[I thank my colleagues Jack, Mathieu, and Javi for sharing their insights on this.]

Given the assumption that there indeed is a particle at 125-ish GeV that does all the great things that the Standard Model Higgs should do, we would like to ask whether or not this is really the Standard Model (SM) Higgs, or whether it is some other Higgs-like state that may have different properties. In particular, is it possible that this particle talks to the rest of the Standard Model with slightly different strengths than the SM Higgs? And maybe, if we really want to push our luck, could this more exotic Higgs-like particle push the h → γγ rate to be larger than expected?

To answer this question, we don’t want to restrict ourselves to any one specific model of new physics, we’d rather be as general as possible. One way to do this is to use an “effective theory” that parameterizes all of the possible couplings of the “Higgs” to Standard Model particles. Here’s what one such effective theory looks like in sloppy handwriting:

Don’t worry, you don’t have to know what these all mean, but just for fun you can compare to this famous expression. The parameters here are the variables labelled a, b, c, and d. Of these, the two important ones to consider are a, which controls the Higgs coupling to two W bosons, and c, which controls the Higgs coupling to fermions (like top quarks). The Standard Model corresponds to a = c = 1.

Now we can start playing an interesting game:

  1. If we increase the coupling a of the Higgs to W bosons, then we increase the rate for h → γγ via the W loop above.
  2. If, on the other hand, we increase the coupling c of the Higgs to the top quark, then we increase the rate of h → γγ via the top quark loop above.

Thus the observation of a larger-than-expected rate for h → γγ could point to either a or c >1 (or both). How would we distinguish between these? Well, note that (see the production diagrams above):

  1. If the a (Higgs to W) coupling were enhanced, then we would also expect an enhancement in the “vector boson fusion” rate for Higgs production. When the Higgs is produced this way, you can [with some efficiency] tag the quark remnants and say that the Higgs was produced through vector boson fusion.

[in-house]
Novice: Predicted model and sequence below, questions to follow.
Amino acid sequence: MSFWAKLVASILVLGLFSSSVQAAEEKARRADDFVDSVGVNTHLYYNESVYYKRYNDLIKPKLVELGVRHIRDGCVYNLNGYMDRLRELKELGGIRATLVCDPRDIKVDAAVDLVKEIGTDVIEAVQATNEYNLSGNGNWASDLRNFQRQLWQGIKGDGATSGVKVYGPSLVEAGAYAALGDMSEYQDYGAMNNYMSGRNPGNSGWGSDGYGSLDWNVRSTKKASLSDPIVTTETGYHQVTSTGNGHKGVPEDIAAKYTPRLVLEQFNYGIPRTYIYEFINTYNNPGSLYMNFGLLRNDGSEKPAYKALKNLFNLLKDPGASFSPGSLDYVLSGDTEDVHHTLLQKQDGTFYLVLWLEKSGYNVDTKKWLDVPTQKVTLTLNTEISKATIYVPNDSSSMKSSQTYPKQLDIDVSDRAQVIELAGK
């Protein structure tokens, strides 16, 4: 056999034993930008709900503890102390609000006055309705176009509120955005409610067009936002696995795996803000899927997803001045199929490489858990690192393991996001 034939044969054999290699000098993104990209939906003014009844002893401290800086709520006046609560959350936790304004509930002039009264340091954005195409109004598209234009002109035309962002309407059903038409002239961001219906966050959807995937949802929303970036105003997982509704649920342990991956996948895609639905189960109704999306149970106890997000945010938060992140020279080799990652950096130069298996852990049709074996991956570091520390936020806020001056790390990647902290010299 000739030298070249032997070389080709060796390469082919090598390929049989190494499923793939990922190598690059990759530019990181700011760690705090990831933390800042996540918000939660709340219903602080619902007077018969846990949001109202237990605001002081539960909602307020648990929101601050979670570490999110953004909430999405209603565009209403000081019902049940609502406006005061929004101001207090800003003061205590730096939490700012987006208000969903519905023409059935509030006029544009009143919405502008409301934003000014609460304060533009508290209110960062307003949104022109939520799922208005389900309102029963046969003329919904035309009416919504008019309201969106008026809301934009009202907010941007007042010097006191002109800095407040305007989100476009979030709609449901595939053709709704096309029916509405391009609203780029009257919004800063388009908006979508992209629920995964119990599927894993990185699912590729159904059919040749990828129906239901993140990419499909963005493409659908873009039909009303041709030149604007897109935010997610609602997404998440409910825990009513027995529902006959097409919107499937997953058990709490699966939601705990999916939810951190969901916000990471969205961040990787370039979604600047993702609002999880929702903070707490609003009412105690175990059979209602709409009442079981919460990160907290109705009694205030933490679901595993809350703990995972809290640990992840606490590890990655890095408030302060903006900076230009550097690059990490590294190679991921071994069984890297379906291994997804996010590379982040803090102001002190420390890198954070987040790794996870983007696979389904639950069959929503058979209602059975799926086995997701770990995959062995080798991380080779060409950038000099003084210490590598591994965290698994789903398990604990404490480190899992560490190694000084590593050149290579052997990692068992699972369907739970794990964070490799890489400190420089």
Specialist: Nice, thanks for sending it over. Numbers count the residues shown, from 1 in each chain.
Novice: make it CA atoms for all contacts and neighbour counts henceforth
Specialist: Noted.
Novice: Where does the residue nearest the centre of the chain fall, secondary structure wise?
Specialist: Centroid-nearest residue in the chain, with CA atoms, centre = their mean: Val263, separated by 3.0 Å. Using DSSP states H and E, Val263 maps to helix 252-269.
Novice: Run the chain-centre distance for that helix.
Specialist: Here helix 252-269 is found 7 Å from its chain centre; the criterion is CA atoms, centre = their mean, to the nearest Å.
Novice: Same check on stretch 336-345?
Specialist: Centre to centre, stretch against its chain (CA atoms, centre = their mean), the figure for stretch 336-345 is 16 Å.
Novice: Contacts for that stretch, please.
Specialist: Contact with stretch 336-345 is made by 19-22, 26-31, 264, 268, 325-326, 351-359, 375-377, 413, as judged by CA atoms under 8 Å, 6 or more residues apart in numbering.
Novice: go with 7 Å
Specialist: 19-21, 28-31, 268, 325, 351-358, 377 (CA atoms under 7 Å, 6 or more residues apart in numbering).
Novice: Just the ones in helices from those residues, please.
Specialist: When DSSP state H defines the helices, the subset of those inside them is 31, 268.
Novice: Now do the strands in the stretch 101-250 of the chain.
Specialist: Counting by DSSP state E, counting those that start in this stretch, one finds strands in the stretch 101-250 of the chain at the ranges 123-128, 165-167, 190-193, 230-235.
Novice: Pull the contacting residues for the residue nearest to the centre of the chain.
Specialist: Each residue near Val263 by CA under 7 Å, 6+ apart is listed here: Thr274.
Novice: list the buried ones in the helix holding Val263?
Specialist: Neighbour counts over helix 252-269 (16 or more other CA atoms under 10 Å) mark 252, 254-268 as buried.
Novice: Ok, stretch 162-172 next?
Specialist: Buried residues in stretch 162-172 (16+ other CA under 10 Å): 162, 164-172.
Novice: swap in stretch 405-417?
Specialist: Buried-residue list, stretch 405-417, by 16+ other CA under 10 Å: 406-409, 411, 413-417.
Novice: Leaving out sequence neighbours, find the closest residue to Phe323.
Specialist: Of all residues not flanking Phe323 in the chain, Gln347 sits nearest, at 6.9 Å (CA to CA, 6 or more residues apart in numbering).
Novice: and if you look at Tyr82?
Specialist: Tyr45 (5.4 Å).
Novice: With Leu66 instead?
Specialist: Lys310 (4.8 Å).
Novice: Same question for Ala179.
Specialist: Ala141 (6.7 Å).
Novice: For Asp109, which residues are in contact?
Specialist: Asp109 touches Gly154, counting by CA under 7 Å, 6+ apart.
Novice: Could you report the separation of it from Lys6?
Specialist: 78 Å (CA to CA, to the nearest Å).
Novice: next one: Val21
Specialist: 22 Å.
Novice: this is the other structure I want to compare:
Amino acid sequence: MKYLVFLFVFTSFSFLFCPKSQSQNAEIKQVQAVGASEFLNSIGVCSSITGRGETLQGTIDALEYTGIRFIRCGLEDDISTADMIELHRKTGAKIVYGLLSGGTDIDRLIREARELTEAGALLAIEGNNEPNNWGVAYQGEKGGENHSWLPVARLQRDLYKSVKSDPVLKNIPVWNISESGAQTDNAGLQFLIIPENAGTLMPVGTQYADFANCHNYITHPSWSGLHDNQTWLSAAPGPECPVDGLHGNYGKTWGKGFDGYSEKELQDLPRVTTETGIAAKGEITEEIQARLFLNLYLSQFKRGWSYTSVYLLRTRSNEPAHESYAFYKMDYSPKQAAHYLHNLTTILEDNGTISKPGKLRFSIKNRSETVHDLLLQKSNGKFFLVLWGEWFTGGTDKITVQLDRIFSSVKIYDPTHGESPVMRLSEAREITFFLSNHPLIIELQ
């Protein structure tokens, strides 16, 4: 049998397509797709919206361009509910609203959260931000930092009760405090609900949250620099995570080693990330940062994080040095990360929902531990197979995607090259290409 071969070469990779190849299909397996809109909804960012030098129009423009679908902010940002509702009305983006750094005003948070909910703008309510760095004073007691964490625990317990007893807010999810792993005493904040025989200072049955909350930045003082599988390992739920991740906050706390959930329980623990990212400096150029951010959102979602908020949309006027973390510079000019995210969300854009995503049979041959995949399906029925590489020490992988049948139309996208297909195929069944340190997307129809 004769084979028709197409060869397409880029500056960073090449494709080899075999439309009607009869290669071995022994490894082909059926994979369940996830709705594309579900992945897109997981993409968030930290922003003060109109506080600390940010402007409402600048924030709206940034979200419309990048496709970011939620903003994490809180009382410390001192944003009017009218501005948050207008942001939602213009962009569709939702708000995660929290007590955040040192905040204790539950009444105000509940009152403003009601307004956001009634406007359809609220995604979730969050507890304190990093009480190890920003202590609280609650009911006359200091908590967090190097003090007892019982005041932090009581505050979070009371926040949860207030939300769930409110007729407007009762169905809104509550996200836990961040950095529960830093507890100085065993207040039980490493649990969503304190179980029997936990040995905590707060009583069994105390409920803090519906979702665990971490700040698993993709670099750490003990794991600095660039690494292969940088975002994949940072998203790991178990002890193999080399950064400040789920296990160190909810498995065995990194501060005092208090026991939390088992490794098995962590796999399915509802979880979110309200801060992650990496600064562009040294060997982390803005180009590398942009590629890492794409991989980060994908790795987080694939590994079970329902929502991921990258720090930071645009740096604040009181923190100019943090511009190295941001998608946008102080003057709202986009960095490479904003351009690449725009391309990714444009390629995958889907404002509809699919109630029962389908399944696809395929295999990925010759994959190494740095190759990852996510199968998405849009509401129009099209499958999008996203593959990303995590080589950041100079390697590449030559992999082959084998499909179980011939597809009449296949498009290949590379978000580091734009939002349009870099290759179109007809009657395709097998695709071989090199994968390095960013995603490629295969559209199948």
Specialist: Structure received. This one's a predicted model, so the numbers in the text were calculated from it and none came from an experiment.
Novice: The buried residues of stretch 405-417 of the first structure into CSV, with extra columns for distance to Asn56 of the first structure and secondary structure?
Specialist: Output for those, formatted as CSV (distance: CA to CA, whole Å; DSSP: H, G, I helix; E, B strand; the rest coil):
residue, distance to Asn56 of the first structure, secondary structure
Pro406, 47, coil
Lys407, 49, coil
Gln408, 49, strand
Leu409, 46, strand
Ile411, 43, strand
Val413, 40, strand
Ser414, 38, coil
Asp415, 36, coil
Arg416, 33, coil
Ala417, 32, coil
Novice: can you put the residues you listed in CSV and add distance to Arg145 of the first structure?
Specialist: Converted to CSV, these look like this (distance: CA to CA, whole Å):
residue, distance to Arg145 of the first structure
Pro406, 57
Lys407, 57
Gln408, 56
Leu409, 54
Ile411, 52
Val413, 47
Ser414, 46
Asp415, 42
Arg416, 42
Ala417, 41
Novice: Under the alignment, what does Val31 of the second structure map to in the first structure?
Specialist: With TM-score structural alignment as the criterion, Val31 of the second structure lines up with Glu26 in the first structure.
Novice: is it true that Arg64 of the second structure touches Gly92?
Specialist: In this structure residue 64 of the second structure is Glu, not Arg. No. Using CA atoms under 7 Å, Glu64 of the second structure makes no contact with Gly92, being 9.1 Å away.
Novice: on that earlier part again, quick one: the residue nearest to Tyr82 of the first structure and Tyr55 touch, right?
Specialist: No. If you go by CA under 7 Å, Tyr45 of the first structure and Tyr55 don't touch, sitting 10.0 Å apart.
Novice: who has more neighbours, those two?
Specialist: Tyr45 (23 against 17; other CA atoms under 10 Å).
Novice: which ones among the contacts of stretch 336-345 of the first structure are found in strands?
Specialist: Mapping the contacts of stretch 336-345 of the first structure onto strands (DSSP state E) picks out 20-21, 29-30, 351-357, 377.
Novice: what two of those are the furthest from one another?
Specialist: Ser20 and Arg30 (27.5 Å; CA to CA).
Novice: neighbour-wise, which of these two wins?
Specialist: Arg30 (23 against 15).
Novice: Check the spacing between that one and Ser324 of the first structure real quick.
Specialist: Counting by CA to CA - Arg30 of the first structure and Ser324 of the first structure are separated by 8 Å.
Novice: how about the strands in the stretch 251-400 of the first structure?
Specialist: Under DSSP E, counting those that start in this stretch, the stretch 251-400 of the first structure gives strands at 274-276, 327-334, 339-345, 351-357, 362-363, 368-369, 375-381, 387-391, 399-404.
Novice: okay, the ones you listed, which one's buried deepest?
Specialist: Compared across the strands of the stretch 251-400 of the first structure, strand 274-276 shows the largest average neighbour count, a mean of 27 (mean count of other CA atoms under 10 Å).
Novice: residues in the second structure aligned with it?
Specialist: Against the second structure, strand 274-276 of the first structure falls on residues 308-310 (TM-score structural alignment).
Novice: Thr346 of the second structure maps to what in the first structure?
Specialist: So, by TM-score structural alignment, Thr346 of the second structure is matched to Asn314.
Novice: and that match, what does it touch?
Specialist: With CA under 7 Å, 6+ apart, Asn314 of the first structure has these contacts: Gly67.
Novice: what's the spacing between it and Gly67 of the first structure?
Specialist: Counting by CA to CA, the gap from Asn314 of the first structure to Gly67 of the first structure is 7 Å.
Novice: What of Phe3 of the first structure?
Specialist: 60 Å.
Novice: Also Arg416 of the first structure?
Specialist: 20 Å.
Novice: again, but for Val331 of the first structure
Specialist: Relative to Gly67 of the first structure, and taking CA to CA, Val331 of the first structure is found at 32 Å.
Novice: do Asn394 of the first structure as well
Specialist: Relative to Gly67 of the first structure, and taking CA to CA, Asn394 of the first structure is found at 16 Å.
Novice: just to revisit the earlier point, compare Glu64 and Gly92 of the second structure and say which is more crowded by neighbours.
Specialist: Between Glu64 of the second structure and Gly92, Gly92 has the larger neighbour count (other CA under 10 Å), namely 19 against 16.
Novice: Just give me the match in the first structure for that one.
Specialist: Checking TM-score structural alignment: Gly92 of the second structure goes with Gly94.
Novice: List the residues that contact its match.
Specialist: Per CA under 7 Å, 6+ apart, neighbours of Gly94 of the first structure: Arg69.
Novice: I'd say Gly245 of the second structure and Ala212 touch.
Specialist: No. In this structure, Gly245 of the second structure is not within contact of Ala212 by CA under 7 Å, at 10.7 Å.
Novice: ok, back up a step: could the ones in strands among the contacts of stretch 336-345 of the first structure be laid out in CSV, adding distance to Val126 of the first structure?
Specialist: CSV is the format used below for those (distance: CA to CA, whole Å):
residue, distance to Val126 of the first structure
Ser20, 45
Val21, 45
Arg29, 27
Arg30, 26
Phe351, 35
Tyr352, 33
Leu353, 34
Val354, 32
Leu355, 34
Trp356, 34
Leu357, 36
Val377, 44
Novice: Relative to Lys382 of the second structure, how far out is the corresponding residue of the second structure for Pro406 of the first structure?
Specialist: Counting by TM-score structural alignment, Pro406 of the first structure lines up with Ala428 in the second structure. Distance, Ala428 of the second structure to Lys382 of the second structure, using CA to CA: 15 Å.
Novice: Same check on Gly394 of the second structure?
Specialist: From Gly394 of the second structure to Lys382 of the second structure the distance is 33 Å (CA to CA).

2. On the other hand, if the c (Higgs to top) coupling were enhanced, then we would also expect an enhancement in the “gluon fusion” rate for Higgs production.

Thus we have some handle for where we could fit new physics to explain a possible h → γγ excess. (Again, by “excess” we mean relative to the expected production in the Standard Model.)

Here’s a quick plot of where we stand currently, including recent results from Moriond, from 1202.3697, I refer experts to that paper for further details and plots:

(There are many similar plots out there—some by good friends of mine—I apologize for not providing a more complete reference list… the Higgs seminar is only a few hours away!) The green/yellow/gray blobs are the 1,2,3 sigma confidence regions for the parameters a and c above. The red and blue lines are ATLAS and CMS exclusions. The reason why there are two green blobs is that there is a choice for the sign of c, this corresponds to whether the Higgs-top loops interfere constructively or destructively with the Higgs-W loops. For more details, see this Resonaances post.

The plot above includes the latest LHC data (Moriond, pre-ICHEP) as well as the so-called “electroweak precision observables” which tightly constrain the effects of virtual particles on the Standard Model gauge bosons. These are the blobs to keep an eye on—the lines indicate the Standard Model point a=c=1. If the blob continues to creep away from this point, then there will be good reason to expect exciting new physics beyond the Higgs… and that’s what makes it worth tuning in at 3am.